University of Missouri Extension

UED6031, New May 1981

Missouri Courthouses
Contact and other information about this county is available on the National Association of Counties website, http://www.naco.org/Counties/Pages/FindACounty.aspx.

Editor's note
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Dekalb County Courthouse

Marian M. Ohman
Department of Community Development

DekalbCounty: DeKalb
Organized: Feb. 25, 1845
Named after: Baron John DeKalb of Revolutionary War fame
County seat: Maysville
 

After county organization in 1845, first courts met in homes. In 1848 DeKalb County residents presented a petition to the County Court to build a courthouse, but the court rejected it, preferring to purchase a log cabin on the east side of the public square in Maysville. Three years later a new court looked favorably on building a courthouse and respected the wishes of the petitioners.

In 1851 the court ordered Abram Barger, superintendent, to submit a plan for the courthouse. His original design called for a cupola, but the court considered this an extravagance and eliminated it from the design. The 55-by-30-foot brick courthouse was built by George W. C. McPherson at a cost of approximately $3,750 and completed in 1852 (Figure 1). The porticoed entry faced south; the courtroom and two offices were on the first floor, with additional offices on the second floor. The building was destroyed by fire on Christmas night in 1878.

Figure 1
DeKalb County Courthouse, 1851-1878. (From: An Illustrated Historical Atlas of DeKalb County, Missouri, 1877)

Several communities then contended for the county seat, but Maysville remained the choice of the people. The cornerstone of the next building was laid on Aug. 27, 1885 (Figure 2). It was designed by the St. Joseph architectural firm of Edmond J. Eckel and George R. Mann. Other northwest Missouri courthouses by this important firm include: Nodaway, 1881, Atchison, 1882, and Gentry, 1884. This brick building contained two wide halls on the first floor and a pair of stairs leading to the second floor. The cost of the building was $32,000. The jail in the rear of the building contained eight revolving cells and two rooms for hospital care. The spire of the corner tower was taken off after lightning severely damaged the tower in the early 1900s (Figure 3). The building was razed in 1938 when a new courthouse was built.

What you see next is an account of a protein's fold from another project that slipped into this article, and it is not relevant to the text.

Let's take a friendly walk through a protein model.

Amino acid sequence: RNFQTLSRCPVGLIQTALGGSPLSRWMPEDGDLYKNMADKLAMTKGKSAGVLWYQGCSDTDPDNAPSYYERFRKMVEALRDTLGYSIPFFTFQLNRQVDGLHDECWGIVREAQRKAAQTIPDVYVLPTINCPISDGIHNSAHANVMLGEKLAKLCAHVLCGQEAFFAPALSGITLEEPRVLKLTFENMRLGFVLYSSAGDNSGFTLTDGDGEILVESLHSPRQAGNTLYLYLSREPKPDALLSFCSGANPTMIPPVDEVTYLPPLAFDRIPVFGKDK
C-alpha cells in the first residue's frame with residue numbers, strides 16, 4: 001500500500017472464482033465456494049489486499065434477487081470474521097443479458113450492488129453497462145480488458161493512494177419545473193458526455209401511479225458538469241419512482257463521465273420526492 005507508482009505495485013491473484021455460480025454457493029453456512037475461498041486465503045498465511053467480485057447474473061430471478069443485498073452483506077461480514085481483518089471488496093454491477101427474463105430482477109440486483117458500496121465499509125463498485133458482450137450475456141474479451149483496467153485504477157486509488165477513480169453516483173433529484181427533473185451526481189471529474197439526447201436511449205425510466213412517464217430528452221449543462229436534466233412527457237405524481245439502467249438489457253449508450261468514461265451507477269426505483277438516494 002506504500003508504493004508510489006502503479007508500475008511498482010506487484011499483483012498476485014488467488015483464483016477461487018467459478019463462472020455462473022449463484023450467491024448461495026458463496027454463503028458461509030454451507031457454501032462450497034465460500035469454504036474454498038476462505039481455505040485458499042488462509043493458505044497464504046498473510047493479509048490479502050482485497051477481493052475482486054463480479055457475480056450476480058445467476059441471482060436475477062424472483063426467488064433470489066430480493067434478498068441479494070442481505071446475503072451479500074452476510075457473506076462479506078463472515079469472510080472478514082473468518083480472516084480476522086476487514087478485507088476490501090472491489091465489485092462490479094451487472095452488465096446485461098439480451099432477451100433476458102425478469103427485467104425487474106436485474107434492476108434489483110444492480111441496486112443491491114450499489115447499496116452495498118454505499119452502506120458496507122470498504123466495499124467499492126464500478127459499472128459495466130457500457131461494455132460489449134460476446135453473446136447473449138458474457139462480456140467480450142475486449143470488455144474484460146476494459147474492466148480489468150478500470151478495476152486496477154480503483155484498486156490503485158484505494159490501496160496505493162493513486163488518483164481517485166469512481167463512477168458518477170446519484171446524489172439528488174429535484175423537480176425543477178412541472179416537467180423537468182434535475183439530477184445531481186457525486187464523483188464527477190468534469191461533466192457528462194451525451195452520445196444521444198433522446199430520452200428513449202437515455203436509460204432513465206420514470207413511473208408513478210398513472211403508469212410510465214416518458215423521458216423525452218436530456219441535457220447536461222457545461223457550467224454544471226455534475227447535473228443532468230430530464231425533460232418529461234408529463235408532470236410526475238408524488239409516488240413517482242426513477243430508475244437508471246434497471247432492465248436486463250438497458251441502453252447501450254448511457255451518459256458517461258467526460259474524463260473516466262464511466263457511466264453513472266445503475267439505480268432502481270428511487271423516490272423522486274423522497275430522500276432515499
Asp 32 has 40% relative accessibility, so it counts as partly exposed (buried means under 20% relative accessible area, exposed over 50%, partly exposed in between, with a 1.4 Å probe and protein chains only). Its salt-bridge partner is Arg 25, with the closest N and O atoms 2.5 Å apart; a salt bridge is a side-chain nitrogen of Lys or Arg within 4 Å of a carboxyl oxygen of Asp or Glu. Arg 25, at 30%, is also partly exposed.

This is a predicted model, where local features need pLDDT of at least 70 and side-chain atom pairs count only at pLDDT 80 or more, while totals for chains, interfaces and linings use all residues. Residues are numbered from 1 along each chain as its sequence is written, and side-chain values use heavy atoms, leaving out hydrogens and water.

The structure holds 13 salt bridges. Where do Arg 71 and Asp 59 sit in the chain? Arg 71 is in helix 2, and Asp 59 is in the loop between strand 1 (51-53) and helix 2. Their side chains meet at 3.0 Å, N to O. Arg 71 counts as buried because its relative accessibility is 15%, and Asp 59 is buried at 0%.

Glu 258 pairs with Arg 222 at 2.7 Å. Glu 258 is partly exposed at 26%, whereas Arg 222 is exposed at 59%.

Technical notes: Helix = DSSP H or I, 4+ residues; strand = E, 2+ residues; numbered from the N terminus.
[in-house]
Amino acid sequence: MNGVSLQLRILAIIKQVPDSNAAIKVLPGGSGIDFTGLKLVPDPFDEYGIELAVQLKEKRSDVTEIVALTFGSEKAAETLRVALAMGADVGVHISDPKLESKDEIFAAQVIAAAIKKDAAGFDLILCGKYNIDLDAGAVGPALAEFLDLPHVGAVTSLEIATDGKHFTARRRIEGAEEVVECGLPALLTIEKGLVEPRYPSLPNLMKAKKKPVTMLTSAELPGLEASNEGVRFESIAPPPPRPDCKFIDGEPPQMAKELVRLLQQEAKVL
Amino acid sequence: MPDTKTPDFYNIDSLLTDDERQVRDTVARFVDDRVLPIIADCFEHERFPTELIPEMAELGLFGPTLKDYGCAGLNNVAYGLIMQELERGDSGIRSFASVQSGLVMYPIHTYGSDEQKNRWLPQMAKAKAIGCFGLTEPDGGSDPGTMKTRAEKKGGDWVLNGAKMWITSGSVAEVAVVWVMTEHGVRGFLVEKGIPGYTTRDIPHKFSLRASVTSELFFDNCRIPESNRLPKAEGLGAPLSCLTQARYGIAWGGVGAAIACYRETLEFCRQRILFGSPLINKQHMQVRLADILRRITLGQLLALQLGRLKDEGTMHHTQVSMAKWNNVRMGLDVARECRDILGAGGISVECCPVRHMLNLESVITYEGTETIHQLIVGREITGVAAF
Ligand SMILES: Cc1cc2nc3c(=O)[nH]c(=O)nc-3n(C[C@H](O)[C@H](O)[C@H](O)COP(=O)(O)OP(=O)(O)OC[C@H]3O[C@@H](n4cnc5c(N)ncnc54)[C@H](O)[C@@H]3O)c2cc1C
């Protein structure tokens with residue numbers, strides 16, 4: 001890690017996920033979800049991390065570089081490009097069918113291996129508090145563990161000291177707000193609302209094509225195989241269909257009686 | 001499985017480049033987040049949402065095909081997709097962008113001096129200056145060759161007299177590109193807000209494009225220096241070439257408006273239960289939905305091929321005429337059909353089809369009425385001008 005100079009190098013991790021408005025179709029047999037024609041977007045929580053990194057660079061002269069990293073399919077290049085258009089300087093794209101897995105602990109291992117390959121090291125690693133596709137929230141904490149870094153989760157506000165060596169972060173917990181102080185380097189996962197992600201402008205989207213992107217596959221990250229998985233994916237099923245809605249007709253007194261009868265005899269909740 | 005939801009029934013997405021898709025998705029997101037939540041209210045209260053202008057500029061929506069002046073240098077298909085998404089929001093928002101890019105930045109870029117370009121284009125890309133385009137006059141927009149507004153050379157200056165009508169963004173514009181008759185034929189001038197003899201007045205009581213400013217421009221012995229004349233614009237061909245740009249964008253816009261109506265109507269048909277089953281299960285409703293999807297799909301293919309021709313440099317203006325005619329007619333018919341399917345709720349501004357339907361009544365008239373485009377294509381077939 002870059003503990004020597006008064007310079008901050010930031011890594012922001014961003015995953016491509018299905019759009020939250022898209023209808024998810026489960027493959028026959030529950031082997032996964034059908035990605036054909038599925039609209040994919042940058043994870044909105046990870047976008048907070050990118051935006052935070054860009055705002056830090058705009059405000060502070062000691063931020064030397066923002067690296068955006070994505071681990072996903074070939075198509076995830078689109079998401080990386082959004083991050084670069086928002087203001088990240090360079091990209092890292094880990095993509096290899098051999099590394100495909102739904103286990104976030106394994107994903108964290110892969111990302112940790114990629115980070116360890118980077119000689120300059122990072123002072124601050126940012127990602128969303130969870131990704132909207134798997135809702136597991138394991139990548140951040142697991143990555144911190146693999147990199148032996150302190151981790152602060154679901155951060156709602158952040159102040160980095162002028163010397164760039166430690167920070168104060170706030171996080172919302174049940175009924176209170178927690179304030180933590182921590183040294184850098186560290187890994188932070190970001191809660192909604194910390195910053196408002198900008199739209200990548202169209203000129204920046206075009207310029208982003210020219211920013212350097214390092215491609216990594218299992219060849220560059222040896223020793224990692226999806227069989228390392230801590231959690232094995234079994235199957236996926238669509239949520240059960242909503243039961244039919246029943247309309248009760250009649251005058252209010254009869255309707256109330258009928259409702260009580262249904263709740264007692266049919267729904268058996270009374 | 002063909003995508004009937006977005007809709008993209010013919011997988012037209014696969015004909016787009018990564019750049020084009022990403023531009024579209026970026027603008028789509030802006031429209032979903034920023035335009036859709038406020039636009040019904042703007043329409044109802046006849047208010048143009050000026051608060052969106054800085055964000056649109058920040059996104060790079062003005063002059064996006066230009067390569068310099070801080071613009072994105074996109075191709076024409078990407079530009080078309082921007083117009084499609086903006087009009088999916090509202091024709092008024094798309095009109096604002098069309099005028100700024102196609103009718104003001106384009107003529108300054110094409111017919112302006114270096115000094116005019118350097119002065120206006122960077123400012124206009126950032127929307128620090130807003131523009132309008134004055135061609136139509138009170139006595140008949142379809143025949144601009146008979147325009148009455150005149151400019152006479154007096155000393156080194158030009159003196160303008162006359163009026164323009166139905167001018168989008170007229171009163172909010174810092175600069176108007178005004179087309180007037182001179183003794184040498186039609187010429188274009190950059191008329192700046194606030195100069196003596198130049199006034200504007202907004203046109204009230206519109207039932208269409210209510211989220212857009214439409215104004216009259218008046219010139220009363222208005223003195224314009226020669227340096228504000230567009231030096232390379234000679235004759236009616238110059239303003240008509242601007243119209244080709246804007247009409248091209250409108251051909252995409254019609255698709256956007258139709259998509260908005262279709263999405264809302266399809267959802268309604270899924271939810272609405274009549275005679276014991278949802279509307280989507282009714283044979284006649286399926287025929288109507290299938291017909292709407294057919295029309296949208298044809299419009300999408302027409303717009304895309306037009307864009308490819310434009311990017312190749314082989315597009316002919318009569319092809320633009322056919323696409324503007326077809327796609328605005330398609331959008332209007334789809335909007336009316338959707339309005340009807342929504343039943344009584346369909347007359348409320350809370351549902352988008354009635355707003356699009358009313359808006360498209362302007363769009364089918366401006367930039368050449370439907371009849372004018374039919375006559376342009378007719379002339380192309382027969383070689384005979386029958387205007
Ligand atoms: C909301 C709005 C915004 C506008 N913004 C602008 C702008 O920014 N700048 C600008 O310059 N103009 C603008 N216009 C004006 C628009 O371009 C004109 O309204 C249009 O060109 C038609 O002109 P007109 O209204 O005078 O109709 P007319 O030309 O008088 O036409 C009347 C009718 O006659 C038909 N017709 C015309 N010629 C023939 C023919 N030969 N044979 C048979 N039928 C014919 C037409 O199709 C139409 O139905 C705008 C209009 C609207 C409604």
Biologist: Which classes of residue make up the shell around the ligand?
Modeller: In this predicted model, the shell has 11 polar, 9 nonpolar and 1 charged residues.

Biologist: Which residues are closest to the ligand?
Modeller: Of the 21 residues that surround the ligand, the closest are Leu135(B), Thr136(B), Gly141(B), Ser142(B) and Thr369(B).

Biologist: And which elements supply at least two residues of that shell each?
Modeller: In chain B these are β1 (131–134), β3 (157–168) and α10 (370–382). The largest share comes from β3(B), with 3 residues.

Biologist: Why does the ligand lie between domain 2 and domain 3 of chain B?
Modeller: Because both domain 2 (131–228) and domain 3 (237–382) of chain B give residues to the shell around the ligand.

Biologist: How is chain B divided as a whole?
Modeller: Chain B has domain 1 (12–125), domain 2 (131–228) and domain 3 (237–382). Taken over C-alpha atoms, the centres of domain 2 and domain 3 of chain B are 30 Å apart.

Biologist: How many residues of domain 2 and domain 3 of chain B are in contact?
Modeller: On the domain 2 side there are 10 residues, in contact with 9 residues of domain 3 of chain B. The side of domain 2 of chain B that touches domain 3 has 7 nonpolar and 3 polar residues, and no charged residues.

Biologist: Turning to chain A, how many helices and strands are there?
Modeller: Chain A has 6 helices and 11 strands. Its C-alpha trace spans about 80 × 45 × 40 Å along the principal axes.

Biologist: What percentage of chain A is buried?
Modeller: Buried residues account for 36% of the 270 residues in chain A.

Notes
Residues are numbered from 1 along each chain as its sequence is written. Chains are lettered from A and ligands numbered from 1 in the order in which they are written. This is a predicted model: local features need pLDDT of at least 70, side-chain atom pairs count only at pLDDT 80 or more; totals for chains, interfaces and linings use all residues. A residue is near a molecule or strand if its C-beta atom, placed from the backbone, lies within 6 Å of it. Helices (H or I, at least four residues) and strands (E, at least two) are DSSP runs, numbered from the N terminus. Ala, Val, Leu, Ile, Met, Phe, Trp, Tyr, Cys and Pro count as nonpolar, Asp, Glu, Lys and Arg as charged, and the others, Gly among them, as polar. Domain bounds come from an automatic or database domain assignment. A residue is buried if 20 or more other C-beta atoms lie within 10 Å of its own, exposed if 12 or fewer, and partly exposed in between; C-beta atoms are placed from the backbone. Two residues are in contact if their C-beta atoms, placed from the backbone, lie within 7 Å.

Figure 2
DeKalb County Courthouse, 1885-1938. Architects: Eckel and Mann (From: Postcards, Trenton Boyd collection)

Figure 3
DeKalb County Courthouse, 1885-1938 after tower removal. Architects: Eckel and Mann (From: Postcard, Trenton Boyd collection)

Twice propositions for a new courthouse were defeated, but in August 1938 voters approved a $55,000 bond issue, which was matched by a $45,000 government grant. Eckel and Aldrich, St. Joseph, were selected as architects. George R. Eckel was the son of Edmond J. Eckel, architect of the previous courthouse. A contract for about $59,000 was awarded the J. E. Hathman Construction Company in December 1938 for a 110-by-55-foot, brick building trimmed with stone. Limited funds prohibited an all-stone structure. Offices and County Court room were on the first floor, Circuit Court room on the second, the jail and sheriff's quarters on the third. Cornerstone ceremonies were held April 10, 1939. The cornerstone from the old courthouse was placed in the entrance hall of the new. Dedication of the new courthouse took place Oct. 20, 1939 (Figure 4).

Figure 4
DeKalb County Courthouse, 1938-. Architects: Eckel and Aldrich (From: Architecture and Design, volume IV, number 13, July 1940)

Bibliography

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Maps, atlases, gazetteers

 

UED6031 Dekalb County Courthouse | University of Missouri Extension

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